In addition, the proposal would set aside $47 million less than the fiscal 2012 appropriation for the Strategic National Stockpile of countermeasures against biological and other potential WMD agents. The stockpile would receive a $486 million appropriation in the budget cycle that begins on Oct. 1.

The sequestration provision of the 2011 Budget Control Act could force additional medical preparedness spending reductions if lawmakers fail to negotiate an alternative.

Despite being “refreshingly realistic” for its genre, Contagion relied to a disheartening extent on the role of a single CDC Epidemic Intelligence Service officer played by actress Kate Winslet, said Ali Khan, who heads the CDC Public Health Preparedness and Response Office. The character organizes a triage center and struggles to negotiate with Minnesota state officials over response measures prior to her own death from infection by the fictional disease.

“There were apparently, like, three people who ran the whole agency,” but reality could increasingly reflect that scarcity of personnel amid tightening budgetary pressures, Khan said.

“We’ve lost 50,000 public health workers since 2008 in our communities,” he said. “We’ve also lost over 25 percent of money that the federal government provides for ensuring our nation’s health security. So maybe you aren’t too far off from what the response of the future would look like if we continue to allow this erosion in public health and ensuring our nation’s health security.”

A top White House national security staffer acknowledged that further financial constraints could be unavoidable, and said federal Homeland Security and public health grant programs would increasingly consider how neighboring localities might be able to pool resources.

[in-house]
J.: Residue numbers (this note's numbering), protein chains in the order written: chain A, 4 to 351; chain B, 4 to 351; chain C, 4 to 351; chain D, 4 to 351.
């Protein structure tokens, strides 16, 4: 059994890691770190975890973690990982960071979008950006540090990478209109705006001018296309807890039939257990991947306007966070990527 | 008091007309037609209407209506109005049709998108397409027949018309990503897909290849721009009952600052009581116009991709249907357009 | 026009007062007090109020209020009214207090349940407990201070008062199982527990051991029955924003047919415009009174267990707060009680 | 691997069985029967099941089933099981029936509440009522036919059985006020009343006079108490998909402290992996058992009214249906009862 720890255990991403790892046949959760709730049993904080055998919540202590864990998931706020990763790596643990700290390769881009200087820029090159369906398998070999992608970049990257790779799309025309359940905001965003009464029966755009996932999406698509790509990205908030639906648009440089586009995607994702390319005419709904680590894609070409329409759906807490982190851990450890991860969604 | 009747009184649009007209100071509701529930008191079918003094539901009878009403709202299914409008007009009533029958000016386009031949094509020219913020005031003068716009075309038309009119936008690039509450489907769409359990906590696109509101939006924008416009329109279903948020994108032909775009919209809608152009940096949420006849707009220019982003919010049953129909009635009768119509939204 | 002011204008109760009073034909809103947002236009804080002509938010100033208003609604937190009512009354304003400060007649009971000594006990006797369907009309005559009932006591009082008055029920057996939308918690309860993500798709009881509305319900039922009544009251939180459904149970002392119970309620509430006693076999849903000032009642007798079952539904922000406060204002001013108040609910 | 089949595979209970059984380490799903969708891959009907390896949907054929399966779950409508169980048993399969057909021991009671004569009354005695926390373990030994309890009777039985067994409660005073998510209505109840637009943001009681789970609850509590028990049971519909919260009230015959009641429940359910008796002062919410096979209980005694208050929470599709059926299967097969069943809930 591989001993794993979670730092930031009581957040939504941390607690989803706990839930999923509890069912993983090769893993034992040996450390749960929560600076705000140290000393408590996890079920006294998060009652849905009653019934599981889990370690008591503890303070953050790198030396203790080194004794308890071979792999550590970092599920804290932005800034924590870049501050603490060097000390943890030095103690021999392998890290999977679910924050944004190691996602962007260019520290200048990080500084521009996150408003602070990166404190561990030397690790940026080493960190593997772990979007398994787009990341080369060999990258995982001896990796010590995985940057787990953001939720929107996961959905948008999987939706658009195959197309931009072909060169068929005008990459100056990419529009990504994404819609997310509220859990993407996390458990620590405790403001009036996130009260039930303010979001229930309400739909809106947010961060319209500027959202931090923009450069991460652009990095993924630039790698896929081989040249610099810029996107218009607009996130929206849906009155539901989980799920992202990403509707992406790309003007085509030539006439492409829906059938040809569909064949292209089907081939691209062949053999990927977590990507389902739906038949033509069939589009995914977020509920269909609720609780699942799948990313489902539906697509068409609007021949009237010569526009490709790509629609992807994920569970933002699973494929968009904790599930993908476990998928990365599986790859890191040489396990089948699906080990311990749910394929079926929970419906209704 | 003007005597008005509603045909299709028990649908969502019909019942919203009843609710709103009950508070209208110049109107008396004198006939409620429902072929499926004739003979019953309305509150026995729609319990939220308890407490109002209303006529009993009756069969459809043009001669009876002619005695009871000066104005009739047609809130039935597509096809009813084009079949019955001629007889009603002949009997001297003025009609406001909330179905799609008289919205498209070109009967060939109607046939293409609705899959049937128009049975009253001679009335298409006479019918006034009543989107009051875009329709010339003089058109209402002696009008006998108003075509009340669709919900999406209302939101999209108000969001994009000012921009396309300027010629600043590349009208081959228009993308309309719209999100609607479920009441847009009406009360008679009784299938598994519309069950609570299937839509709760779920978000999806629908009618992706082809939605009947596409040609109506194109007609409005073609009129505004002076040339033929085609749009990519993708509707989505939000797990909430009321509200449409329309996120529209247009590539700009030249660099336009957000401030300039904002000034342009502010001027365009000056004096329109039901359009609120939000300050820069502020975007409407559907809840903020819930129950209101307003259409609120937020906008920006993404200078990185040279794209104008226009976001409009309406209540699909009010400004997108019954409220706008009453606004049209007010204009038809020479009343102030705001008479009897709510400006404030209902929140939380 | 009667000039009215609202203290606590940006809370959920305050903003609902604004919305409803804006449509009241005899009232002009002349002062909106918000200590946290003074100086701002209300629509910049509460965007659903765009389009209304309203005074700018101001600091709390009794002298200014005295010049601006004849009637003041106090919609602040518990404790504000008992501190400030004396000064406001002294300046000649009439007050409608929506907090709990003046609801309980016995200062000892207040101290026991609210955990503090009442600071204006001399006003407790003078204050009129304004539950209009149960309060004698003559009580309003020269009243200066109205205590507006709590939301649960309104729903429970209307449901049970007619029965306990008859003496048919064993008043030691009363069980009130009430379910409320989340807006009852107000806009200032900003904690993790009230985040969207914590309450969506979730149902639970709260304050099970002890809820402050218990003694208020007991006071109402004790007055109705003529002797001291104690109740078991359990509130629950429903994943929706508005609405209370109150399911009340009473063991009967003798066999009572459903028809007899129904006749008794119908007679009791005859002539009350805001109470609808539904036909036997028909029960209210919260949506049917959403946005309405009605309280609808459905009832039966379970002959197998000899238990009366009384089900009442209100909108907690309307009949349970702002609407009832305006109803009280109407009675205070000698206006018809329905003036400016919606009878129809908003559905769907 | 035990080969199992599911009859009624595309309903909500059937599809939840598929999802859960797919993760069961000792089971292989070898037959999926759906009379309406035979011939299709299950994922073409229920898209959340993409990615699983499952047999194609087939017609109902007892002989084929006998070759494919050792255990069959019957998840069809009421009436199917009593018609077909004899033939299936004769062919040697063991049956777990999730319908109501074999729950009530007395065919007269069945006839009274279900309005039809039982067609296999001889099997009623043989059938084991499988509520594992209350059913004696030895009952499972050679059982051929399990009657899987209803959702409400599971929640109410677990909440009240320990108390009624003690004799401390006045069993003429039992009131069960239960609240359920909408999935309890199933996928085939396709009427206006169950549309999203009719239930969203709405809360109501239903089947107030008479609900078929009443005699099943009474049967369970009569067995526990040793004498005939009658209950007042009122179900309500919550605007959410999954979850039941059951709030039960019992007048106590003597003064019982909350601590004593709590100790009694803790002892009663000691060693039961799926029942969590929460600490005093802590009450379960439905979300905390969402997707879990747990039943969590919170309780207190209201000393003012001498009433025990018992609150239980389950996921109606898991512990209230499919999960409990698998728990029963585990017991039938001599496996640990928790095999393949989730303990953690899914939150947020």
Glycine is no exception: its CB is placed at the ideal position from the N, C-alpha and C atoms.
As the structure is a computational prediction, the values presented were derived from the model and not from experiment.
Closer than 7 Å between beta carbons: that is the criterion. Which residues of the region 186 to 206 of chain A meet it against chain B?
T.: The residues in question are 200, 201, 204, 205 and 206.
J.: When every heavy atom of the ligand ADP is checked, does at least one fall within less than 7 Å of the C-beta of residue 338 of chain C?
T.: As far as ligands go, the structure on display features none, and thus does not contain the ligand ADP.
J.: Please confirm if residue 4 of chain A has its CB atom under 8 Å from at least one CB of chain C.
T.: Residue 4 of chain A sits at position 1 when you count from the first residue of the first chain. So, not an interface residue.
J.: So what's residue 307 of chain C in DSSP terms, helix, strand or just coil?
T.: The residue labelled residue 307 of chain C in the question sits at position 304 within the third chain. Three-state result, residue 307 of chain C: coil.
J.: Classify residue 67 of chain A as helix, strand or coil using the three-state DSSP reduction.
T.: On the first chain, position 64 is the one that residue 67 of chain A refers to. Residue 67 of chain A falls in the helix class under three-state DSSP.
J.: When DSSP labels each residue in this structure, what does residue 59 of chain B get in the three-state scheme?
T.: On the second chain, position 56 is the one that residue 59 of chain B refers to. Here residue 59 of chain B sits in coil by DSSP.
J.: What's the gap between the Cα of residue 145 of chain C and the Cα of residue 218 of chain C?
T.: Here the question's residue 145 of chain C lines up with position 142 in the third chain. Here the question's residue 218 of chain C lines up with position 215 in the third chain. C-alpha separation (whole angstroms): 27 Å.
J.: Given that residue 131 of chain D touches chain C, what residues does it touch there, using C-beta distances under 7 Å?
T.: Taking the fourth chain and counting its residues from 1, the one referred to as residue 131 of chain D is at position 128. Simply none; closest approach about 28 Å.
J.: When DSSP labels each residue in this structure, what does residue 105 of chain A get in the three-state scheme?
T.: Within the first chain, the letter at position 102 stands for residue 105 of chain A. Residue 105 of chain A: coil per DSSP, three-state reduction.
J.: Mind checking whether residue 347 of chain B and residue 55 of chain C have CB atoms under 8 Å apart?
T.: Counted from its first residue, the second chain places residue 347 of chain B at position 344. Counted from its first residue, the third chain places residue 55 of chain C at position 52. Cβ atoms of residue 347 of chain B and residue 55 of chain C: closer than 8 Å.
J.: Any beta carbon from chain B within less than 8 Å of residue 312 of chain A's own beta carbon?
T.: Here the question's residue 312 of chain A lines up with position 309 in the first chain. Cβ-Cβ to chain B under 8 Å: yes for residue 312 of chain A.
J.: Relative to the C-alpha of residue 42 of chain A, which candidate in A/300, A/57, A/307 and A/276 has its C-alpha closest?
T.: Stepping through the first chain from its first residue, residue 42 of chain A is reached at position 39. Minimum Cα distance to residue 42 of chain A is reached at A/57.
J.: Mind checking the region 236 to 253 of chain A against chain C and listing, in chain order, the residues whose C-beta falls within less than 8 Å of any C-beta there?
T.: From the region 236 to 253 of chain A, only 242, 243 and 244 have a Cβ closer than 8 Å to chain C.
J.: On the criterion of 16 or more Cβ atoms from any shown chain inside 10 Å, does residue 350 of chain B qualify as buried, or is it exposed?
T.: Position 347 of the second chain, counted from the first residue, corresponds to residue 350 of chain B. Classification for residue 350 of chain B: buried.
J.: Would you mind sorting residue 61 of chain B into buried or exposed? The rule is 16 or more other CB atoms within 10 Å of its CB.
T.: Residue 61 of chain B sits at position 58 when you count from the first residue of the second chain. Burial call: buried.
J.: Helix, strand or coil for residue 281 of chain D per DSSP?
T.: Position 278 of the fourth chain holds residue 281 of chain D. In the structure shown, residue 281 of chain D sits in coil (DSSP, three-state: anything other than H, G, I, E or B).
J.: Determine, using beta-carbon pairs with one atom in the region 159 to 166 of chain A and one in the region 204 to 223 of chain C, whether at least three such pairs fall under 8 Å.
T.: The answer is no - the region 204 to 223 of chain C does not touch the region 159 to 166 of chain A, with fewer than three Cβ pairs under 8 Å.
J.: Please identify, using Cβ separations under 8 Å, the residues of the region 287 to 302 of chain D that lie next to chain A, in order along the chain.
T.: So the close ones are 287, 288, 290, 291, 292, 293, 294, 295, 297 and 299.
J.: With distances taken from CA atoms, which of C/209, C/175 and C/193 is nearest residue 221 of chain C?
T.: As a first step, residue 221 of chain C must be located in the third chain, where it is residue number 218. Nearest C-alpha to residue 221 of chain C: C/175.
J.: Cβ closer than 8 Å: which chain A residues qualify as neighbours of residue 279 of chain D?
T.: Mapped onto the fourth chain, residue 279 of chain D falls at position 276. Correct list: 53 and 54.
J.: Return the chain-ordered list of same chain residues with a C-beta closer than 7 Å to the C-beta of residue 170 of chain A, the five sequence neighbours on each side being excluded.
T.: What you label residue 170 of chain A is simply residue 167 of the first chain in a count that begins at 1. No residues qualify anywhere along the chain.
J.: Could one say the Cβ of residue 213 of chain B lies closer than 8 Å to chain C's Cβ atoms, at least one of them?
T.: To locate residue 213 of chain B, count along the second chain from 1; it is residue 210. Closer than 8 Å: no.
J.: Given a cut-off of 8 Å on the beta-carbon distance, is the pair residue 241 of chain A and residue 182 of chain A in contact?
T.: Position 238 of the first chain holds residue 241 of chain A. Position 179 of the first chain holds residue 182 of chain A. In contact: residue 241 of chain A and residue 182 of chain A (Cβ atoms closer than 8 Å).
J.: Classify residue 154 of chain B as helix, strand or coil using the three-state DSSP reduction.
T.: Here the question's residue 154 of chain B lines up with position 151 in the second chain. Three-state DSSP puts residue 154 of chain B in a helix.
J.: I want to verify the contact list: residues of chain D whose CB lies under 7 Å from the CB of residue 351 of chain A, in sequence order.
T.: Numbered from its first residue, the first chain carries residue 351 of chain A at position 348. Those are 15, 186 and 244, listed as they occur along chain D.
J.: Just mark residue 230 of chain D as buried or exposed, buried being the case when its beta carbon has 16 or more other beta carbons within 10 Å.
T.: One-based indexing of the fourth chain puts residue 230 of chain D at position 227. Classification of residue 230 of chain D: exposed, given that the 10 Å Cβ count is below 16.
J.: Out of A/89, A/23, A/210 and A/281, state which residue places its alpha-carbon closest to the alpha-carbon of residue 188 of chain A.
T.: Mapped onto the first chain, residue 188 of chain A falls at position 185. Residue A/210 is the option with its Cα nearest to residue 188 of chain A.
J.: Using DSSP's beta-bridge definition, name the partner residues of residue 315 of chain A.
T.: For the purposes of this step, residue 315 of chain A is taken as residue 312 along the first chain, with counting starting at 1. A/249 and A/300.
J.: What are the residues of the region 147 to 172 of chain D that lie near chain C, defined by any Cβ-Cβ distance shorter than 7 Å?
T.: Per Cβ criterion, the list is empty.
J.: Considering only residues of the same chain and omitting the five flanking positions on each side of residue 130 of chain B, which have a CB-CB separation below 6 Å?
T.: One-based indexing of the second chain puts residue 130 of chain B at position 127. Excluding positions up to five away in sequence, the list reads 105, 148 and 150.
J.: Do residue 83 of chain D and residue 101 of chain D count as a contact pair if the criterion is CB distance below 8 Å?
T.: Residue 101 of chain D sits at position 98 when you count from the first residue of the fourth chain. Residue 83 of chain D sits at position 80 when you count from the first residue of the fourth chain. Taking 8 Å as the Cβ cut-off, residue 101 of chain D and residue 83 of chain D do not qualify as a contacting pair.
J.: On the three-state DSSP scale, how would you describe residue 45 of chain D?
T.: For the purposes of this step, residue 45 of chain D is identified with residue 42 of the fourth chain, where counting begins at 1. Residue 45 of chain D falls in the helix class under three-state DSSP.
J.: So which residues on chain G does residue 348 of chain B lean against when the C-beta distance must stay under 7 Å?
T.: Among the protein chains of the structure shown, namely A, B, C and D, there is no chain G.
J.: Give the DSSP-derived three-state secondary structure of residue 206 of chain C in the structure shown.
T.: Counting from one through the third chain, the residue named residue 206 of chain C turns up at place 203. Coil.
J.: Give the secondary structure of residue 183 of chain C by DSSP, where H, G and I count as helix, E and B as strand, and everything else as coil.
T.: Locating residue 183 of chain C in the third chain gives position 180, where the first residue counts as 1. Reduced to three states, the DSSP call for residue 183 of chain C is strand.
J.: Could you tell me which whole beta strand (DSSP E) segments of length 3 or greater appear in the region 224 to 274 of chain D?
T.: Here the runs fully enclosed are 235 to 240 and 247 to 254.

“The fiscal challenges as they are, it is ever increasingly more likely that not every jurisdiction will be able to build the same capability across the nation, and so how do we assess where capability is most needed? How do we best assess where we can get it from? And how do we best assess how we put it together?” said Brian Kamoie, the White House National Security Staff’s senior preparedness policy director.

Preserving public health readiness gains achieved over the last decade requires “being more creative in mixing and matching our respective capabilities and working across disciplines and working across departments and agencies,” Kamoie said earlier.

Separately, one panel participant noted that a Homeland Security official portrayed in the film questions whether the virus might “have been the work of a terrorist.”

“It’s a very appropriate question and it’s one that [Homeland Security Secretary Janet Napolitano] routinely asks when it comes to emerging infectious disease,” Homeland Security Assistant Secretary for Health Affairs Alexander Garza said.

The film draws attention to a significant split between U.S. preparations for a biological catastrophe with “national security” implications and federal plans for other public health emergencies, and the uncertain “tipping point” dividing the two categories, Garza said. Naming one example of the distinction’s potential impact, he suggested a national security event might preclude real-life use of the “lottery” vaccine distribution system portrayed in the film.

Under such a scenario, “is a vaccine now considered a strategic national asset instead of a public health asset?” the official asked, hinting that personnel deemed critical to a response effort could receive priority as a vaccination is distributed. “I have to question whether a plan of random immunizations is even practical or prudent.”